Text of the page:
1993 Dodge D250 Problems
RepairPal has identified the most common problems with the 1993 Dodge D250 based on complaints from actual vehicle owners. We'll tell you what the problem is and what it'll take to fix it.
Oil leaks from the valve cover gaskets, timing cover gasket, distributor o-ring, and rear main seal area are common. The leak at the rear main seal area is generally not the seal itself but the bearing cap to the engine block seal. An oil leak could also be internal to the distributor, if oil is found inside the distributor then the distributor should be replaced.
The powertrain control module (PCM) may fail resulting in a lack of AC cooling. The lack of cooling could be caused by evaporator freeze-up due to the AC compressor staying on continuously or conversely, not coming on at all. Proper diagnoses of the PCM should be performed before replacing it for this concern.
Under light load, at approximately 2000rpm the engine could exhibit surging, bucking, or intermittent misfires. Our technicians tell us this could be caused by a mis-indexed distributor.
An intermittent fault with the electrical connection at the crankshaft position sensor may result in poor engine performance and/or a no start condition.
Erratic idle conditions which can include engine stalling may occur in warm to hot weather. Our technicians tell us that a new idle air control valve is available to correct these concerns.
The engine may develop a lack of power or stalling condition due to low fuel pressure. Our technicians tell us that this can be due to contaminates passing through the fuel pick-up screen resulting in fuel pump failure. If fuel pump failure occurs it is recommend to replace the entire fuel pump module as it includes both the primary and secondary fuel pump filters.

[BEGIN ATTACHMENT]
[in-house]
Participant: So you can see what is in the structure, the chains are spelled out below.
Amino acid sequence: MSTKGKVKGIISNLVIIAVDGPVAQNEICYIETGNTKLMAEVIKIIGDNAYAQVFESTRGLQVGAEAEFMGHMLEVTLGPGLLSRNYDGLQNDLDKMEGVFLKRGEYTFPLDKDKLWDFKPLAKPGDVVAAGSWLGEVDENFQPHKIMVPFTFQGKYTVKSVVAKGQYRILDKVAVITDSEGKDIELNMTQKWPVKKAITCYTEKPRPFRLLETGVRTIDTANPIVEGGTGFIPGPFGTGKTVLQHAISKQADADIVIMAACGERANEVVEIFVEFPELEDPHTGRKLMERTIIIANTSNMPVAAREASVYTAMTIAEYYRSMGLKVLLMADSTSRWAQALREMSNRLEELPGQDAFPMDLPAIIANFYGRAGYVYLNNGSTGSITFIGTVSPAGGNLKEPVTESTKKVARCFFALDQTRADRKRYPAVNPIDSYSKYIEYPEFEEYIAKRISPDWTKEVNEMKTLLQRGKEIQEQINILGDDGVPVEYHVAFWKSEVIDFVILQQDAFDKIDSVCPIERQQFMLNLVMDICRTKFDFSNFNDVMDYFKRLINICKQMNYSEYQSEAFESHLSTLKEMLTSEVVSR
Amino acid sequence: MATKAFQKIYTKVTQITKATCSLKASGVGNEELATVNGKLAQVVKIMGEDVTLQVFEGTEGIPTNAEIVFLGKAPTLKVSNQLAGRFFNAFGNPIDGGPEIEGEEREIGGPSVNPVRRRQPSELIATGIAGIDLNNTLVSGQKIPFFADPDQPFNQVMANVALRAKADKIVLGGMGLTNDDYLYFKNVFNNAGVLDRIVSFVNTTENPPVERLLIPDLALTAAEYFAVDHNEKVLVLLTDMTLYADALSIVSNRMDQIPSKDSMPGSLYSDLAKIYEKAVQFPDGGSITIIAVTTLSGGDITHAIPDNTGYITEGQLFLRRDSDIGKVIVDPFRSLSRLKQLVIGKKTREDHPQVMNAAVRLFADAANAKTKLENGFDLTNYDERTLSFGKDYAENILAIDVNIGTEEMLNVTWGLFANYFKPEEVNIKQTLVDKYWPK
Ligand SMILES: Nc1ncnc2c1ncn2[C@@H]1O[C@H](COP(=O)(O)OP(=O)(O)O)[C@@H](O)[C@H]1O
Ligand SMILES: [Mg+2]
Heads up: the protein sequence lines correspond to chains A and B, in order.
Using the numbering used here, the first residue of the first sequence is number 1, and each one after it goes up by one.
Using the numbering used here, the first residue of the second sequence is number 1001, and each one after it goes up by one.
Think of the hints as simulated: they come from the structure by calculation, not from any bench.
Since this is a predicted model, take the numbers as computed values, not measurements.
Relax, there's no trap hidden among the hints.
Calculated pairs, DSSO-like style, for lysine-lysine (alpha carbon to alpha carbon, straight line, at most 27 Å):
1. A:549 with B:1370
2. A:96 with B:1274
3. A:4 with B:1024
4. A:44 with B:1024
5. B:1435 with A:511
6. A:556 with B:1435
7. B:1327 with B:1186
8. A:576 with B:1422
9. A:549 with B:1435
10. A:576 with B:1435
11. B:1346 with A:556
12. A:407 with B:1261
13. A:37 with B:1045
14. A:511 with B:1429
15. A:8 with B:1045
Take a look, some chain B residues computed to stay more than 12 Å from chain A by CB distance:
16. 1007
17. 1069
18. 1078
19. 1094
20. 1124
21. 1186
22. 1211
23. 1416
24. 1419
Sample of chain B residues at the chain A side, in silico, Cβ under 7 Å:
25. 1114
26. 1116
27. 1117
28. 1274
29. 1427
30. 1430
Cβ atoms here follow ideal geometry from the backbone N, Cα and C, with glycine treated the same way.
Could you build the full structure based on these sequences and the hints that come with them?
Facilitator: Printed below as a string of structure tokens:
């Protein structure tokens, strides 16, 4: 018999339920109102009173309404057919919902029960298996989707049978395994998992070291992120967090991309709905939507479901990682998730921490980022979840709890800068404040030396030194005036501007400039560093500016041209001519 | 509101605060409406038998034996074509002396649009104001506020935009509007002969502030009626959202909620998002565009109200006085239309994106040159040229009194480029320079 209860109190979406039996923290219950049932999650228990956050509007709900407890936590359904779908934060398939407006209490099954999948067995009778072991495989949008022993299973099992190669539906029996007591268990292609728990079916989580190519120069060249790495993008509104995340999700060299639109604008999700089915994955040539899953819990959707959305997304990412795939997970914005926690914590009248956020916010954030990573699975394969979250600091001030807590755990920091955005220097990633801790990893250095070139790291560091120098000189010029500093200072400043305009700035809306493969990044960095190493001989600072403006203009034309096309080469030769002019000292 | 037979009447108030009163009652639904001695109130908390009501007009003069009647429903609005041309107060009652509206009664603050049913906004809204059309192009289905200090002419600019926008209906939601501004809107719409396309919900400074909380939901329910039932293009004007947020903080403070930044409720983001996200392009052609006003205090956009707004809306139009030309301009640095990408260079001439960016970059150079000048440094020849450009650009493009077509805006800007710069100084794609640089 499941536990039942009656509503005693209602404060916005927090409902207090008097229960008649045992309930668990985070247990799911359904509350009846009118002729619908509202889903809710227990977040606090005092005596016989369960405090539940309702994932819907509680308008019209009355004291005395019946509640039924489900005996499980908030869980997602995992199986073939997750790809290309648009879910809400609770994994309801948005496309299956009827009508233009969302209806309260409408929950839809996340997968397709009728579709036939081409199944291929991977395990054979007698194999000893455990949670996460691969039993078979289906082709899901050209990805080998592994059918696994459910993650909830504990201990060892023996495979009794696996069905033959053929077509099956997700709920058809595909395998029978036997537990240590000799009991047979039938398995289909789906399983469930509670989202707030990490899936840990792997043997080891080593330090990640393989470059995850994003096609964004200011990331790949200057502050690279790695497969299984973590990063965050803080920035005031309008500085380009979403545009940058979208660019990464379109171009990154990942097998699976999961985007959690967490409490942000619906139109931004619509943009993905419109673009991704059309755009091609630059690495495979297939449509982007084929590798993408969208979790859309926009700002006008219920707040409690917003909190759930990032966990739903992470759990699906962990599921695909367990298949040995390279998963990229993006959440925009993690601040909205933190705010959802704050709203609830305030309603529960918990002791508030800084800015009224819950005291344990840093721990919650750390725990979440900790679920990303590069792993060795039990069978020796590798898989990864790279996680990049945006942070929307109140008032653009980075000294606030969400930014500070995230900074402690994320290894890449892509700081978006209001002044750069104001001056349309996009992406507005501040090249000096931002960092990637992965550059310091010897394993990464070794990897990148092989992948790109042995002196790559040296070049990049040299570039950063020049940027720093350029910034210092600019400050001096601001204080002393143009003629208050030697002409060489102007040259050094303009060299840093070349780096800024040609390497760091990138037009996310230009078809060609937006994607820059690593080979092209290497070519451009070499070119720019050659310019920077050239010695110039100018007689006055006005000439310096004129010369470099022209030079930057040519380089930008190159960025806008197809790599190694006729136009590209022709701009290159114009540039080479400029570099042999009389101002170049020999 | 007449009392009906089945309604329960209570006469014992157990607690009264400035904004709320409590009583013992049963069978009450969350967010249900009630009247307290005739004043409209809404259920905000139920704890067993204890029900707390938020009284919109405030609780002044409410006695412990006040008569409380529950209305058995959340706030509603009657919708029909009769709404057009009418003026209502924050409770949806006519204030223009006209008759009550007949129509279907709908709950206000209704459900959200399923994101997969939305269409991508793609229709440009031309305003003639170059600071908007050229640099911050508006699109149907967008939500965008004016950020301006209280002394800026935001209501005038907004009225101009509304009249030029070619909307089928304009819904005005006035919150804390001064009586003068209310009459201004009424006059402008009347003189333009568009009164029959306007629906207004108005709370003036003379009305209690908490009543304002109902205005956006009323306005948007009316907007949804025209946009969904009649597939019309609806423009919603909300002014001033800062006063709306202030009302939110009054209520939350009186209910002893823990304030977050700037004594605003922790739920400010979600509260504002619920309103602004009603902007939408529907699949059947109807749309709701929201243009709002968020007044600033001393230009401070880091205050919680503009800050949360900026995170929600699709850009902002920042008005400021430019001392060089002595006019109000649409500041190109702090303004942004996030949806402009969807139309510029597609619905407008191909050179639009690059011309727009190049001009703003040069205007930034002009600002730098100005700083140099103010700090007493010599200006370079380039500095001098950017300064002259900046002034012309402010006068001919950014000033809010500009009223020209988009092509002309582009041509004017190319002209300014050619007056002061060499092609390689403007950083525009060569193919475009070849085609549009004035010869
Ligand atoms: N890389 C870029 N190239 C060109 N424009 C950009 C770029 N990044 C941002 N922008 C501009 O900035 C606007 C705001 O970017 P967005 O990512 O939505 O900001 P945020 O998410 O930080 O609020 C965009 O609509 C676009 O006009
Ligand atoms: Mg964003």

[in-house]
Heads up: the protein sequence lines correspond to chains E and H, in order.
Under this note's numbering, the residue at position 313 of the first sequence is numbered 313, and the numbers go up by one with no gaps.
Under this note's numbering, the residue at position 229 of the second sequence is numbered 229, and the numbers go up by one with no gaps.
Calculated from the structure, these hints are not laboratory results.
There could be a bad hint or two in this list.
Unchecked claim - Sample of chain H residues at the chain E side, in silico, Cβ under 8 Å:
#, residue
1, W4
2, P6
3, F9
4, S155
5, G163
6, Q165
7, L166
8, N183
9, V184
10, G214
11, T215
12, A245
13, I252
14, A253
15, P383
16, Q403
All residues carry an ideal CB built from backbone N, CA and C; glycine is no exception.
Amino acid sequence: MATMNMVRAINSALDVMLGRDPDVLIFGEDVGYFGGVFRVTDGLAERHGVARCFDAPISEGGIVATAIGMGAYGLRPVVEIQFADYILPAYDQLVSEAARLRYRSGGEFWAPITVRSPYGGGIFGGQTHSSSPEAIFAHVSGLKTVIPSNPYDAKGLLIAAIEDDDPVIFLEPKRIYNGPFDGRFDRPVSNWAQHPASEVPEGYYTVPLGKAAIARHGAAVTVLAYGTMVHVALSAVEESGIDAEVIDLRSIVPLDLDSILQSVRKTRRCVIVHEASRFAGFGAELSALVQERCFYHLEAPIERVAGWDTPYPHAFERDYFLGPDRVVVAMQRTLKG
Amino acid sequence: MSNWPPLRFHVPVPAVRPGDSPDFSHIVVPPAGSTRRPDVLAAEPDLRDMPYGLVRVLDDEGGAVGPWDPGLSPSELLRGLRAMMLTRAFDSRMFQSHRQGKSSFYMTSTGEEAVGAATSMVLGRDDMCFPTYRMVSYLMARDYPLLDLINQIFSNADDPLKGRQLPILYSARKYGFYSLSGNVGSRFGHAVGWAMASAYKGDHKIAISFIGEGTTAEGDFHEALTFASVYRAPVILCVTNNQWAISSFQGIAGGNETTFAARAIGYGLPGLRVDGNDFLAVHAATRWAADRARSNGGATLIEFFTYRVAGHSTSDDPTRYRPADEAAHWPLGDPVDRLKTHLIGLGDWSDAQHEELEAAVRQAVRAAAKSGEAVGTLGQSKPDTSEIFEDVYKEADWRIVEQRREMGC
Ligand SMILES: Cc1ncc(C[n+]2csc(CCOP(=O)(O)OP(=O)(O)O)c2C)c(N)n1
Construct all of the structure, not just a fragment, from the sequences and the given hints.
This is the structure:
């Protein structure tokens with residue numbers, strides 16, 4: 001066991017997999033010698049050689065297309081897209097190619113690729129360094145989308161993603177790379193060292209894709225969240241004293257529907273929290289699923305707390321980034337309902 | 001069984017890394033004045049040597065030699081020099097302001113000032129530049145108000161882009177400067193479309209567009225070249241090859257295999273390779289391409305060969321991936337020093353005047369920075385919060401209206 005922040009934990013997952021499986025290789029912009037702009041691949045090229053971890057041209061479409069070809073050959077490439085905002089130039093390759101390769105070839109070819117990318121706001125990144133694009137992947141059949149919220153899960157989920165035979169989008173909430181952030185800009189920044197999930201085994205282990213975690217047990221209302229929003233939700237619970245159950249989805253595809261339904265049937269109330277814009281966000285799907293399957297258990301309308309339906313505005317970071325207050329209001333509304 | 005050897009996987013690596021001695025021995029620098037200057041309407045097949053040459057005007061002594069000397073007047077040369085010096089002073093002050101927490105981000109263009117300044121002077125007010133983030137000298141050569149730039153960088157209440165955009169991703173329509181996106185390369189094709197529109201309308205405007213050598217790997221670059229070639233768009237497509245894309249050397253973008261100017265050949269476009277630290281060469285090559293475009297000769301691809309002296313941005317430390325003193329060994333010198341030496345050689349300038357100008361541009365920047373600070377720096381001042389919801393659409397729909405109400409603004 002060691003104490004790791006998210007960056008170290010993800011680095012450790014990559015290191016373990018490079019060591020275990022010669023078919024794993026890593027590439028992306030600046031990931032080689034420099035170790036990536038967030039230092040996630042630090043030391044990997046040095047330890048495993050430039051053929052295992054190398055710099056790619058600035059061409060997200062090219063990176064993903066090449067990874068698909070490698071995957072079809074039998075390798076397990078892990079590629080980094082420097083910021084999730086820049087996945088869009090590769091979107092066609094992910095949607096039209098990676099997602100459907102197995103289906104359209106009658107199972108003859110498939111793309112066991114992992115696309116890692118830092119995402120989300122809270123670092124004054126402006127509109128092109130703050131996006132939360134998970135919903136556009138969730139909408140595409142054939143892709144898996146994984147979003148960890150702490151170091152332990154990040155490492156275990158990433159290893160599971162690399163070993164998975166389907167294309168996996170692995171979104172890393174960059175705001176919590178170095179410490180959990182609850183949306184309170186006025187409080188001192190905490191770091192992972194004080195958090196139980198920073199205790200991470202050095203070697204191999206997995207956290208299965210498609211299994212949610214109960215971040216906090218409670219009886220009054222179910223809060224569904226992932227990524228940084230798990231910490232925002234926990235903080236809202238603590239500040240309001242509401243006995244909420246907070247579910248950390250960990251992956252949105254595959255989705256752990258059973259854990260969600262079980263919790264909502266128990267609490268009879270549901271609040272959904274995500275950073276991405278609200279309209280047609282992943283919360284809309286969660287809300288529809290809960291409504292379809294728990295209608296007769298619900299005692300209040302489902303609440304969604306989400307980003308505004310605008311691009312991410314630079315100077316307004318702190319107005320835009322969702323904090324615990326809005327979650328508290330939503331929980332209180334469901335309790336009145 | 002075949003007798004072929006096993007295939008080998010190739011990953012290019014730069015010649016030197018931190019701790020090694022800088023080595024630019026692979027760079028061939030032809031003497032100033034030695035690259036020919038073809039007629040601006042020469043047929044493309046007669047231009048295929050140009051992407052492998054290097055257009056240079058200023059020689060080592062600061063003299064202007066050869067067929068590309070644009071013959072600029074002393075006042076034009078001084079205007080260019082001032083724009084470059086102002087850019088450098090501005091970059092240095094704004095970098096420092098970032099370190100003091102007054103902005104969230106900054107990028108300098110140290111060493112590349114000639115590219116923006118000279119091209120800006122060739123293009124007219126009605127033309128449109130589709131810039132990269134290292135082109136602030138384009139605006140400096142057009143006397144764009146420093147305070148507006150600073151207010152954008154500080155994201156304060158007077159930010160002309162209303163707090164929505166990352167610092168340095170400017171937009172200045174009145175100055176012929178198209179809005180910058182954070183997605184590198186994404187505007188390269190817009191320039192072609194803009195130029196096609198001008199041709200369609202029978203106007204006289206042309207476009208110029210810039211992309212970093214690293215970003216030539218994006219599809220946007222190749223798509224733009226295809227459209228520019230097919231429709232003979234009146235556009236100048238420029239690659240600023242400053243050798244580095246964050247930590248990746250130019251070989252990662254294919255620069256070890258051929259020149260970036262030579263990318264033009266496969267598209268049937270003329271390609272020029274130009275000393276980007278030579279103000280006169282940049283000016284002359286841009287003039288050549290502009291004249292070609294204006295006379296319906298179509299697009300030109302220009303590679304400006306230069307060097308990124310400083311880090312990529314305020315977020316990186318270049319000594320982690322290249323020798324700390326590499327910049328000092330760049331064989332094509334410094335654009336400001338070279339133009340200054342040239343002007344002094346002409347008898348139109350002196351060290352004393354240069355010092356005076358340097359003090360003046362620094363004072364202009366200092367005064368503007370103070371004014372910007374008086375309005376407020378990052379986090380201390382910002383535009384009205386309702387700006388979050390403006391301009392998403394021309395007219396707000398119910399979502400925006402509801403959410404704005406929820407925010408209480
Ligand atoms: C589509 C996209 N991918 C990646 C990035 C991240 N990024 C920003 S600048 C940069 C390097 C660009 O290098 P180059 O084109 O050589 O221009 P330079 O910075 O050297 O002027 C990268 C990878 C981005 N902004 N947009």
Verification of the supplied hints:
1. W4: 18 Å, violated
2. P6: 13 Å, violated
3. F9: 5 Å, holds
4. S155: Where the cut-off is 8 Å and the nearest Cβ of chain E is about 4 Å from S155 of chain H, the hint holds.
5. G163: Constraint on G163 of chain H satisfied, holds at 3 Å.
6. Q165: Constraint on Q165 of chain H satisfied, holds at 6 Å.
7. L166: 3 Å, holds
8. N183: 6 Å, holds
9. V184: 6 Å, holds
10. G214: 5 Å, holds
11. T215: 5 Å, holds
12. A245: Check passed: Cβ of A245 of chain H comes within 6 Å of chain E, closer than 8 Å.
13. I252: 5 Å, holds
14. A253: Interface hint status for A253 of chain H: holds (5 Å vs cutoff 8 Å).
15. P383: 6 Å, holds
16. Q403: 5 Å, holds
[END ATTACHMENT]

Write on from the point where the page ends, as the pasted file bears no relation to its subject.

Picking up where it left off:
Diesel engines may develop a hard start or no start condition due to any one of the following issues: Low fuel pressure, air entering the fuel system, and loss of fuel system prime. Our technicians tell us that the rubber inlet hose at the back of the injection pump and the lift pump are common causes for these concerns. Lack of fuel to the injection pump can damage the pump due to lack of lubrication, when this occurs it is not uncommon to replace the lift pump, injection pump, and fuel injectors.
The fuse may blow repeatedly for the HVAC blower motor or the motor may stop working all together. Our technicians tell us that can often be repaired by replacing the blower motor switch with a revised switch and installing a wiring harness with a relay assembly.
The blower motor may operate erratically and the blower switch operation has a sticky or mushy feeling, the detents almost non existent. Our technicians tell us that the blower switch should be removed and inspected for overheating. This is common if the blower motor is frequently operated on high speed as the current flow through the switch tends to melt internal the components. Also carefully inspect all of the switch connector terminals for discoloration due to overheating and replace as required. A poor electrical contact at the connector will also cause the switch to overheat.
The AC/heater (HVAC) system may unexpectedly switch to the defrost mode when accelerating. This system is operated by engine vacuum and should be inspected for any vacuum leaks if this problem develops. There is also a revised vacuum check valve available to address this concern.
Engine oil seepage may occur at the oil filter adapter plate. Our technicians recommend to check the adapter plate for warping and replace the plate as necessary.
Moderate to severe engine damage may result from using non-DaimlerChrysler approved oil filters. Our technicians tell us that the neoprene compounds used in the manufacture of the unapproved filters may separate from the filter and lodge in the piston cooling nozzle blocking the oil spray from the affected nozzles.